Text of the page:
|Alchemical symbols used to denote sal ammoniac.|
The usefulness of sal ammoniac in alchemy stems from the fact that when dissolved in water, which it does easily, it immediately dissociates into equal parts of ammonia and hydrochloric acid, which in turn will dissolve some metals, including tin, zinc, iron and (reluctantly) lead. Its most famous use was as an additive to the stronger acid aqua fortis (nitric acid). Together the two formed aqua regis which was strong enough to dissolve gold. At the time that Neri was working, the only known way to dissolve the most 'noble' of metals (gold) was with the 'king' of acids (aqua regis). Neri puts this knowledge to use in his recipe for ruby-red colored glass made with pure gold. His description is light on details, but he does clearly direct the reader to dissolve the precious metal in aqua regis, then gently evaporate away the acid to obtain the red pigment.
Elsewhere in Neri's glassmaking book, L'Arte Vetraria, he uses sal ammoniac in the production of "alemagna blue" paint and in the tinting of natural rock crystal.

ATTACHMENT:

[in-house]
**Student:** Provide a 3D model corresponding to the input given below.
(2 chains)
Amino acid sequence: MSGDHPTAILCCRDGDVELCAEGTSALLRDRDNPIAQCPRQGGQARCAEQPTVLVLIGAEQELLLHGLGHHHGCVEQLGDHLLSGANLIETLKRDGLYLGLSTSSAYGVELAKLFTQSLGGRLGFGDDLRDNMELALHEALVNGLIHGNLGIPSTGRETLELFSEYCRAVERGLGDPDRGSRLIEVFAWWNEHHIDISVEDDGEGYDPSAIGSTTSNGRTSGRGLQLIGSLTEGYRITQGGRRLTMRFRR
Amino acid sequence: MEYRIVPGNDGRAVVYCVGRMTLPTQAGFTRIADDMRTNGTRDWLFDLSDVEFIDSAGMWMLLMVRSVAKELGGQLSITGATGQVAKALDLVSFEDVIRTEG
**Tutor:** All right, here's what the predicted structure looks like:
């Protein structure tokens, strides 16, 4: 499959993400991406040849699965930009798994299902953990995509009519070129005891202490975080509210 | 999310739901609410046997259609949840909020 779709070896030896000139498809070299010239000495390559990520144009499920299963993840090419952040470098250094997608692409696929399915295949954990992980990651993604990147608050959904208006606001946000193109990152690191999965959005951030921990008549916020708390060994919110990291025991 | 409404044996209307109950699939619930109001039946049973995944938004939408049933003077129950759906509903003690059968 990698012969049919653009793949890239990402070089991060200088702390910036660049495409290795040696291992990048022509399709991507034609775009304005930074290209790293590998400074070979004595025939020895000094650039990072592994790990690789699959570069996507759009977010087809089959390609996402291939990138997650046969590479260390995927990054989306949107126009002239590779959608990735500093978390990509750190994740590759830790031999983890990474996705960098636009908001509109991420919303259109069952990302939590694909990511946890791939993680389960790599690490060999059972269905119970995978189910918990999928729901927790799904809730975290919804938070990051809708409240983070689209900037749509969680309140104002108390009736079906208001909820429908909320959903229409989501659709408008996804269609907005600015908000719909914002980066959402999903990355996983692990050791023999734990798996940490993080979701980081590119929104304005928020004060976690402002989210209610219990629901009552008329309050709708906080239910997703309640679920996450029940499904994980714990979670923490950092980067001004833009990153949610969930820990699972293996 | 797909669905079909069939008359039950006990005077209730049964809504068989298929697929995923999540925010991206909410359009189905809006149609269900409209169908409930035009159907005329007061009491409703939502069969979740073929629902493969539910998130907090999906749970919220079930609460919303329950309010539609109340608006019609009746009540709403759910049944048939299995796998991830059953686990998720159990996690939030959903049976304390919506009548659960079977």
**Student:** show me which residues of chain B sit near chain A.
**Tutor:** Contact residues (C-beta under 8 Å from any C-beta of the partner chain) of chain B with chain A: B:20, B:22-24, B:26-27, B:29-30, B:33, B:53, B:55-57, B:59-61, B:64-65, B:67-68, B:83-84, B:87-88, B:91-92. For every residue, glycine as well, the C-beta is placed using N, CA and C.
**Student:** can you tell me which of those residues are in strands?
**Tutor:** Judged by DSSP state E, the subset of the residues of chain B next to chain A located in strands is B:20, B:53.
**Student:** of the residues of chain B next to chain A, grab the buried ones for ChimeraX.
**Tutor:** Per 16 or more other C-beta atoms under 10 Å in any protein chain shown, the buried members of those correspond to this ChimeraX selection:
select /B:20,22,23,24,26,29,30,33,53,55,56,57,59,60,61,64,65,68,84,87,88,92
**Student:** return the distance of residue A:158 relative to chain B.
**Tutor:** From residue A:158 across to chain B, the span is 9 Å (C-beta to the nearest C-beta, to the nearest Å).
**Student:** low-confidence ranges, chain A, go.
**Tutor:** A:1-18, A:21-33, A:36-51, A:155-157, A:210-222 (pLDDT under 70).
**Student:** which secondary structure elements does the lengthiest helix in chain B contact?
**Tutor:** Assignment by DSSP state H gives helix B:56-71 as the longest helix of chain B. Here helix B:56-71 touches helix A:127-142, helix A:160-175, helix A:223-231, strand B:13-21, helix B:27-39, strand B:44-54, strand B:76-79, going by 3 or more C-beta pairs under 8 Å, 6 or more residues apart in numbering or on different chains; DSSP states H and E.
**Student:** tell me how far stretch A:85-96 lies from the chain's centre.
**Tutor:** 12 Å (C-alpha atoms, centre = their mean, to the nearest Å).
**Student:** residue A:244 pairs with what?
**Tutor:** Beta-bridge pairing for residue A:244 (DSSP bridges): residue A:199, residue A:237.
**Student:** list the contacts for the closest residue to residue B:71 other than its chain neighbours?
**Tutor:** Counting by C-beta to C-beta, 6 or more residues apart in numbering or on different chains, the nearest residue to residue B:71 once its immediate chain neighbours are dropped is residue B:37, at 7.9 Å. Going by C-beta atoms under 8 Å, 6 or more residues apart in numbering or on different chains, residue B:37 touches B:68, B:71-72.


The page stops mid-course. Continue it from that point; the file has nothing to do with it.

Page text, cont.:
Another of Neri's creations requiring sal ammoniac was Chalcedony glass. It had swirls of every color the glassmaker could produce. He achieved this feat by making extensive use of aqua regis to dissolve a long list of metals. He then gently evaporated off the acid, leaving ultrafine powdered metals, which he added as pigments to the glass melt.
With this powder, I made a chalcedony in a glass furnace in Antwerp that was then run by a most courteous gentleman; Mr. Filippo Gridolfi. This chalcedony gave rise to work so nice and graceful, that it emulated true oriental agate, and in beauty and delightful colors by far exceeded it.Today, chemical factories produce vast quantities of the materials used by Neri in his glassmaking exploits and in far higher purities. Having unlimited quantities of every conceivable chemical compound at our fingertips makes it difficult to appreciate the physical labor involved by seventeenth century alchemists, both in the preparation of the glass and in the production of the individual ingredients. The chalcedony glass recipe cited above must have taken workers many, many hours to produce and must have cost a small fortune.
 Magnus 1958.
 Neri 1612.
 Glauber and others used the term 'sal ammoniac' to describe a related chemical (NH4)2SO4. When mixed with aqua fortis this forms a nitric-sulfuric acid solution, which does not form aqua regis, and does not dissolve gold.